Ka Wai Ola

On May 8th, the OHA Board of Trustees announced the approval of a $3-million emergency relief package to help individual beneficiaries as well as Native Hawaiian communities impacted by the COVID-19 pandemic and associated economic crisis.

“The last three months have turned our people’s lives upside down,” said OHA Chair Colette Machado. “OHA is doing whatever we can to help our families and communities hurt by this crisis. I thank my fellow trustees and administration for contributing to OHA’s relief efforts.”

Chair Machado continued: “To our beneficiaries, our hearts go out to all of you and please know that OHA remains committed to aiding our lāhui. We are a resilient people who have persevered through tremendous adversity over the course of our history. We will make it through this by sticking together and eventually come out on the other side stronger than ever.”

At the OHA Board’s first virtual meeting during the COVID crisis, trustees unanimously approved funding for a series of programs. First, trustees authorized the release of an additional $2.17 million to OHA’s existing Emergency Financial Assistance Program grant, which aims to help Native Hawaiians struggling economically.

Last November, OHA awarded the original $1.66-million grant to the Council for Native Hawaiian Advancement (CNHA) who administers the program which they have re-branded the Kahiau Community Assistance Program.

The grant provides up to $1,500 in one-time emergency assistance to cover mortgage, rent, rent deposit or utility debts of Native Hawaiians facing financial hardship. Such hardship may include reduction in hours or loss of employment. The recent board action brings OHA’s total investment in the program to $3.83 million.

OHA Chief Executive Officer Sylvia Hussey said that recent data indicated that OHA should direct resources to address the growing economic challenges facing the Native Hawaiian community.

“Our research at the start of the pandemic anticipated that our community’s longstanding financial difficulties would make them more vulnerable to an economic downturn resulting from COVID-19,” said OHA CEO Hussey. “New economic data is beginning to illustrate the heavy financial toll this crisis is having on our ʻohana. This is why the Board took action to provide direct funding to our beneficiaries most in need; why we advocated for renter eviction protection; and why we are helping to cover the cost to feed our must vulnerable families through our Kaiāulu Meals program.”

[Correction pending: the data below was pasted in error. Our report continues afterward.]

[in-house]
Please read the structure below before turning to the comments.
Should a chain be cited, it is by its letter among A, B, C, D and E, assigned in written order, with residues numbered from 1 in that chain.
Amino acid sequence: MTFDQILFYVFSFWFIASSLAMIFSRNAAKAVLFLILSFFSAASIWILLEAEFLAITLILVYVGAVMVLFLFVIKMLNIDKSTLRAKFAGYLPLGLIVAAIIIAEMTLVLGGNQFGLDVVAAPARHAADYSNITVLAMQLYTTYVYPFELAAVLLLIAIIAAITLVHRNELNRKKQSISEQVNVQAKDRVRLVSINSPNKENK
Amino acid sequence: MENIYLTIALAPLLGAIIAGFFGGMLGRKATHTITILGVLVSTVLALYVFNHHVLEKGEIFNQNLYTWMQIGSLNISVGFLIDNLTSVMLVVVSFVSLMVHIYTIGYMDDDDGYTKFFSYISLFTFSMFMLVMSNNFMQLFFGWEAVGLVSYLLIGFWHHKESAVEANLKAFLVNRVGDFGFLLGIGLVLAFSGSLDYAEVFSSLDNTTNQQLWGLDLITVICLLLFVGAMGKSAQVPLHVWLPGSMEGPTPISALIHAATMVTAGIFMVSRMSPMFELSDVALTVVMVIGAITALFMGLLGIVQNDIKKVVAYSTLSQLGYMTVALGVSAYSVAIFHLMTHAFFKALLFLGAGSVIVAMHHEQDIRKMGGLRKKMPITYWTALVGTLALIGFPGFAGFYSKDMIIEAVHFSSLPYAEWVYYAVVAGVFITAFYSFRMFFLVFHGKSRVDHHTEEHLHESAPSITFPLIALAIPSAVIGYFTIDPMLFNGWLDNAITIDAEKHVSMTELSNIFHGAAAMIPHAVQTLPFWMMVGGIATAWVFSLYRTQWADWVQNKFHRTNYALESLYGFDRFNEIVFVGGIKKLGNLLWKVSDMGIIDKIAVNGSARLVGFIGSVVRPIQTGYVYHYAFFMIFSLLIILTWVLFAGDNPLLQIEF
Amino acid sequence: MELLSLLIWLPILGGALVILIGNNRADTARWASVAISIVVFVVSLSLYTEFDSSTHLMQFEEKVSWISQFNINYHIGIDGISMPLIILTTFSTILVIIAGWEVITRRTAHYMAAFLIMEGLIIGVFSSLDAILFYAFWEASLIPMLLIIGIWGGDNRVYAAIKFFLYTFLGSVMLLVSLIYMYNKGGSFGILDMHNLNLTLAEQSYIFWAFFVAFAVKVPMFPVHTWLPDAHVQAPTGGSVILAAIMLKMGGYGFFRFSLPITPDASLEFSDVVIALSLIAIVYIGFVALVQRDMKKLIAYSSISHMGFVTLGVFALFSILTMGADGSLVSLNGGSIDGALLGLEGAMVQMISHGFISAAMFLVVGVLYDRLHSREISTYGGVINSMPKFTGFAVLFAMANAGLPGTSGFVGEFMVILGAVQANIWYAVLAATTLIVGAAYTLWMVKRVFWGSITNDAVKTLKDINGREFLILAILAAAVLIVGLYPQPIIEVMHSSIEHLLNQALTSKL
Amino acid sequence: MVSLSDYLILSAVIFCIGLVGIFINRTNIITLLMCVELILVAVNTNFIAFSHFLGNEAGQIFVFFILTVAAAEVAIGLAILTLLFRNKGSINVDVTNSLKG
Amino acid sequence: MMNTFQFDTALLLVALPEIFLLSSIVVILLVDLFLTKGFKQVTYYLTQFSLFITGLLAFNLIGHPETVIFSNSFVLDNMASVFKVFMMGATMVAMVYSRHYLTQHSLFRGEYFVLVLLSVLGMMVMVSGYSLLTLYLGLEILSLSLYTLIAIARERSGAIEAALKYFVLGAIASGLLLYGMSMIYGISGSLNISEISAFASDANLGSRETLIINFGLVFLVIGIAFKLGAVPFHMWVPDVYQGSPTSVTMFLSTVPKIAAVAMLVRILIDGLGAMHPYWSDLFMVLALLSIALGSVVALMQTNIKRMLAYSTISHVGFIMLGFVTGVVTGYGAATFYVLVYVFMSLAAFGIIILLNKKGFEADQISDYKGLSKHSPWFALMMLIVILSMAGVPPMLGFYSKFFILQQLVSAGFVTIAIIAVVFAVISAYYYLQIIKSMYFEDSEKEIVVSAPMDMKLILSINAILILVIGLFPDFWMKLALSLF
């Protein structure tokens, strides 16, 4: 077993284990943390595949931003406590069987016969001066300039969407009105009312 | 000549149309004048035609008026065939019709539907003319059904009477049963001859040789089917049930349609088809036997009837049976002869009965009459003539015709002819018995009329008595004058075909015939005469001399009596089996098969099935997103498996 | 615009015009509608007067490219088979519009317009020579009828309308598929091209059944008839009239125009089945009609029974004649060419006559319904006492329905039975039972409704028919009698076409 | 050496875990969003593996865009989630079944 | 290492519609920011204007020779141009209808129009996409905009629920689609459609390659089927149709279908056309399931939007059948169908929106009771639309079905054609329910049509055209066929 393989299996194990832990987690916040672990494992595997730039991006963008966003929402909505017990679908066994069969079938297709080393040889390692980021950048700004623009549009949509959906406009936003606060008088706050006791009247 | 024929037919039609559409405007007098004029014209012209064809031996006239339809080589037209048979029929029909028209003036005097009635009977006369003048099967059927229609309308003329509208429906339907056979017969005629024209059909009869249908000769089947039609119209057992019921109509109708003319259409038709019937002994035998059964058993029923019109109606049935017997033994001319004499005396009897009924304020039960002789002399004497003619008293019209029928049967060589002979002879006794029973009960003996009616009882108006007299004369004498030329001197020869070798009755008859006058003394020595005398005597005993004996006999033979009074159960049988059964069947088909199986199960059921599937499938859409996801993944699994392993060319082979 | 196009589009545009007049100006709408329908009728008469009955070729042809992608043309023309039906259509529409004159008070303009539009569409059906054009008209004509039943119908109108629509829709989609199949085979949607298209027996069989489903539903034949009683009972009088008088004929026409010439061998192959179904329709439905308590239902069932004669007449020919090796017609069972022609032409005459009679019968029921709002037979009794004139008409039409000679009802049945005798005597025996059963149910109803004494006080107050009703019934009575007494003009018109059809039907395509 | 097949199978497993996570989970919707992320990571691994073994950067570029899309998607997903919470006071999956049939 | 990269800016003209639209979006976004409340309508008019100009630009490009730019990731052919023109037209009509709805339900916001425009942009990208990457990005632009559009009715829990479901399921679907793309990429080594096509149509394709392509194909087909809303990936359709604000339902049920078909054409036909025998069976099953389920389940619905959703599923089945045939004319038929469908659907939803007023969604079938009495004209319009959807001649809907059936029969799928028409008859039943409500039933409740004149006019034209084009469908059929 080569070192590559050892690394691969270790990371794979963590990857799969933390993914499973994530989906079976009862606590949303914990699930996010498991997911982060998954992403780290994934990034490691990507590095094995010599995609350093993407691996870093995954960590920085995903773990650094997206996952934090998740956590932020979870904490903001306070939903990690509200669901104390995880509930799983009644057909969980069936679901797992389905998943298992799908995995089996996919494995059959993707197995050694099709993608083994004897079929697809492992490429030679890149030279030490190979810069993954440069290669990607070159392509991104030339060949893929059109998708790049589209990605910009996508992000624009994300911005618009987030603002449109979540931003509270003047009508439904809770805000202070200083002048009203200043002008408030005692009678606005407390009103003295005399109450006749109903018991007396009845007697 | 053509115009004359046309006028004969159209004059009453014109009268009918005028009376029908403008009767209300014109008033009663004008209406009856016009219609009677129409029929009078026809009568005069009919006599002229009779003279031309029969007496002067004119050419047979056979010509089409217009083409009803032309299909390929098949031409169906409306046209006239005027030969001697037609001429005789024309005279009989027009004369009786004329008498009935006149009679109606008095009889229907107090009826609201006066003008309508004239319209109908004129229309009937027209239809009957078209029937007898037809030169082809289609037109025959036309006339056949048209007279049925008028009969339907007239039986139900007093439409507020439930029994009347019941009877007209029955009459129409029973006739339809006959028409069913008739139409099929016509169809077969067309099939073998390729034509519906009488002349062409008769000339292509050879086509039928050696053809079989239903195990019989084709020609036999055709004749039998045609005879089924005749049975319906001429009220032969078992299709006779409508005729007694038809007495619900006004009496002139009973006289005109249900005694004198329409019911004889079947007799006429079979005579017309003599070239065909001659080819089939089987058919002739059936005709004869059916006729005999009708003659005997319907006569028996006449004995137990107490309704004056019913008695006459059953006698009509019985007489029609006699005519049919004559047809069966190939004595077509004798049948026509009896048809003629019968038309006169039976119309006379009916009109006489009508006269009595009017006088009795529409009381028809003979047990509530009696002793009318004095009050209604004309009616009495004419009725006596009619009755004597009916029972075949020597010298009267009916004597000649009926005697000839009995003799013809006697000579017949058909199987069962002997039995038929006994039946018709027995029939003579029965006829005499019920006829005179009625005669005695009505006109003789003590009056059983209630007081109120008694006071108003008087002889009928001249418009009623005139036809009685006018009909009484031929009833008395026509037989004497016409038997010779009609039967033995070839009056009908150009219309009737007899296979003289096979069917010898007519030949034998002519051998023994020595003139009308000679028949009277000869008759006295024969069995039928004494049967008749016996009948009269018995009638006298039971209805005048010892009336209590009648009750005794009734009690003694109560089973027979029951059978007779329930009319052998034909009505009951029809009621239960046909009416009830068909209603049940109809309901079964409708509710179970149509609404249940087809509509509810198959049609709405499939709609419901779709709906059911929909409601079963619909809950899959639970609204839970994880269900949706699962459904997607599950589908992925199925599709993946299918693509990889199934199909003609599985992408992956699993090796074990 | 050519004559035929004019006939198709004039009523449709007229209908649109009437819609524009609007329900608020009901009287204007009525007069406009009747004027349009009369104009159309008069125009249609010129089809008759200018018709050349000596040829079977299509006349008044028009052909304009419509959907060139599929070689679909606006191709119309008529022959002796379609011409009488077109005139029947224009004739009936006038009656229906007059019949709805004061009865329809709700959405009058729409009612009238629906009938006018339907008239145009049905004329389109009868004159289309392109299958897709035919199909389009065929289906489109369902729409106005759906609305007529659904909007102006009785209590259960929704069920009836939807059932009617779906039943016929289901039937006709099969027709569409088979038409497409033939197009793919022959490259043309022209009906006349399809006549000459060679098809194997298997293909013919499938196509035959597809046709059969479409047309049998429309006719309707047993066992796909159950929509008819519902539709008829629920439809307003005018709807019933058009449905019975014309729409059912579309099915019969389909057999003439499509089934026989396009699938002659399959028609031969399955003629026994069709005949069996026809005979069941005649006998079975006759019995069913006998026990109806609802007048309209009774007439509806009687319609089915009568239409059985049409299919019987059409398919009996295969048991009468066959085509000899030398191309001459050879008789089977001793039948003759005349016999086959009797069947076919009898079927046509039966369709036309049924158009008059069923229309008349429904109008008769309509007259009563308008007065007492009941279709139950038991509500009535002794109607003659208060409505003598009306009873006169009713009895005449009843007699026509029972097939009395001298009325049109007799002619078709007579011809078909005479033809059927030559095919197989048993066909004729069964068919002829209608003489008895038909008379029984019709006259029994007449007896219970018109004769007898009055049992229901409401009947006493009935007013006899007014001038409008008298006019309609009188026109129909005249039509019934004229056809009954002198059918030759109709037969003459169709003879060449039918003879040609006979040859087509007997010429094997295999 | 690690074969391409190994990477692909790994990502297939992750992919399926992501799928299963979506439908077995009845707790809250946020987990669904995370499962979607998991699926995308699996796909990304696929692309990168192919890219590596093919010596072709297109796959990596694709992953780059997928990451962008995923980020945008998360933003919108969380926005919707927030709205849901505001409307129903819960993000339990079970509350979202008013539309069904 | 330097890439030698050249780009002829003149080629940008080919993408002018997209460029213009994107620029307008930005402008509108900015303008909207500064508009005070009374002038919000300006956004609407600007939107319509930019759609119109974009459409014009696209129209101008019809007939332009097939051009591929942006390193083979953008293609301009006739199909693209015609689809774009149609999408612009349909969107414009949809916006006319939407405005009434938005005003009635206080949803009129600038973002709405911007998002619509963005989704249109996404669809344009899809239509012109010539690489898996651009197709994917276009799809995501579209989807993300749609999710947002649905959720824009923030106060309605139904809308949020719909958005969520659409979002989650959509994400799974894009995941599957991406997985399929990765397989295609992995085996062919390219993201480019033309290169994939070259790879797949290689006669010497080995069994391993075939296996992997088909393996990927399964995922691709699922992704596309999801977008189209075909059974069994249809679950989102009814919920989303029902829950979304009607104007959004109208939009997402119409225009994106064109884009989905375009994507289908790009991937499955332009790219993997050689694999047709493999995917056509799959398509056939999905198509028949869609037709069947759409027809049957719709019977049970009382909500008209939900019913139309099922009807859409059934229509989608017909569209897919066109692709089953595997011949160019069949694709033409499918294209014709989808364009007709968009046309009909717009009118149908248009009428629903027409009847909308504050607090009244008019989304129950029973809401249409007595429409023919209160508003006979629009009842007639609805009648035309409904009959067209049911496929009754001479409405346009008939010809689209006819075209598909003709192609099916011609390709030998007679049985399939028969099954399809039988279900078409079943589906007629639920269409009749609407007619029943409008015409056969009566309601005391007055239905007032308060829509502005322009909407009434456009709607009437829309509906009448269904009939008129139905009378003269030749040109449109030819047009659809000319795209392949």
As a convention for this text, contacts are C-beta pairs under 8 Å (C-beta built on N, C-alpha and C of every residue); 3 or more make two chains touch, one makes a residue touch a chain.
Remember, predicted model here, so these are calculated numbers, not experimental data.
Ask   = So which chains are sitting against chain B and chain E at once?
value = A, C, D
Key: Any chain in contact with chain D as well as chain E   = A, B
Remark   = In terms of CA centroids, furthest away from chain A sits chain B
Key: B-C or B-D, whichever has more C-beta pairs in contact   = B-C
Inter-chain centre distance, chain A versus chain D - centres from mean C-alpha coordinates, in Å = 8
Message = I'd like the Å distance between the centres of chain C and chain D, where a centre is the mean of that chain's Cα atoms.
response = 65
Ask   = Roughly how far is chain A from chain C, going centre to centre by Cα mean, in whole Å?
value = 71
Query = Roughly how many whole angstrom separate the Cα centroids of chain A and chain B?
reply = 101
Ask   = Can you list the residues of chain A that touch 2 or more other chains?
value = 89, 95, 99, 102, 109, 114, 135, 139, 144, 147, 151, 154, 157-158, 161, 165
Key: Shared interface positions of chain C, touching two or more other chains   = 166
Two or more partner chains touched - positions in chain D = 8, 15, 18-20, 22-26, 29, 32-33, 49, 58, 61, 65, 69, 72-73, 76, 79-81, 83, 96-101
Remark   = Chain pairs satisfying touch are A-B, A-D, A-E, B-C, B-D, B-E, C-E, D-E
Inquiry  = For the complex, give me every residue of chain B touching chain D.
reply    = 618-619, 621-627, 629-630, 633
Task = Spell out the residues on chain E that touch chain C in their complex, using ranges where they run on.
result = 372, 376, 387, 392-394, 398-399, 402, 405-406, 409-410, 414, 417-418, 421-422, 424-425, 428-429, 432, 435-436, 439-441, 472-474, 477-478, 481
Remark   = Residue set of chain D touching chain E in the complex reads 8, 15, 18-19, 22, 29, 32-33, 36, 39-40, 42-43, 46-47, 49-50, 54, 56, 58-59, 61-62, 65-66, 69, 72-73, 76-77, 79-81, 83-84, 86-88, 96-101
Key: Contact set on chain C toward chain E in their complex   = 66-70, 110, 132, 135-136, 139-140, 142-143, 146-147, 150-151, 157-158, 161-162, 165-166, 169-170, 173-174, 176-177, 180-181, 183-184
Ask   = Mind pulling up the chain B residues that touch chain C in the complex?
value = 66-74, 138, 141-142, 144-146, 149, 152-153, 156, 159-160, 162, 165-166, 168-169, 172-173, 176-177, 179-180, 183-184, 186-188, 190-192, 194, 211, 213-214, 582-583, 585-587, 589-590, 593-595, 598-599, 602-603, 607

New data from the state Department of Labor and Industrial Relations indicates that Native Hawaiians are losing their jobs during the pandemic at disproportionate rates. While Native Hawaiians constitute only 19 percent of the total working-age population of Hawaiʻi (over 16 years of age), a quarter of all unemployment claimants in Hawaiʻi from the first quarter of the year identified as Native Hawaiian. Moreover, between late March and late April, CNHA’s Kahiau program received a 125 percent increase in applications, demonstrating elevated levels of financial hardship within the Native Hawaiian community.

This data substantiated prior research that predicted that Native Hawaiians would be at greater risk of suffering financial challenges, including loss of employment and eviction, from the economic impacts from the coronavirus pandemic. Native Hawaiians have fewer financial resources to weather financial emergencies due to their lower per capita income ($25,590) compared to the overall state population ($35,255); and their lower median household income ($75,708) compared to the overall state population ($80,212). Furthermore, 12.3 percent of all Native Hawaiians live in poverty, compared to 8.8 percent of the total state population. Finally, like other Hawaiʻi residents, many Native Hawaiians rely on the service and tourism industries to financially support their families—23.6 percent of working Native Hawaiians are employed in service occupations, which have been among the most impacted by the spread of COVID-19 and related business closures.

OHA trustees have also approved $830,000 to programs located statewide that promote community-based food security for Native Hawaiian farmers, fishermen, ranchers, hunters and other individuals practicing subsistence living. The funds will be administered by the Hawaiʻi Community Foundation

“We need to make sure that our ʻohana can put food on the table during this pandemic,” said OHA CEO Hussey. “But for many of our communities, the crisis is making it hard to access food at affordable prices. So, we are working with Hawaiʻi Community Foundation to support locally sourced food from area farmers and producers, and to help individuals who rely on fishing and other subsistence practices to mālama their families. Our hope is to help reinforce the resiliency and strength of our communities.”

For more information on the Kahiau Community Assistance Program, call CNHA at 808-784-4464 or visit www.hawaiiancouncil.org/kahiau.

Additional information on COVID-19 relief resources from the OHA and federal and local sources are available at www.oha.org/covid19.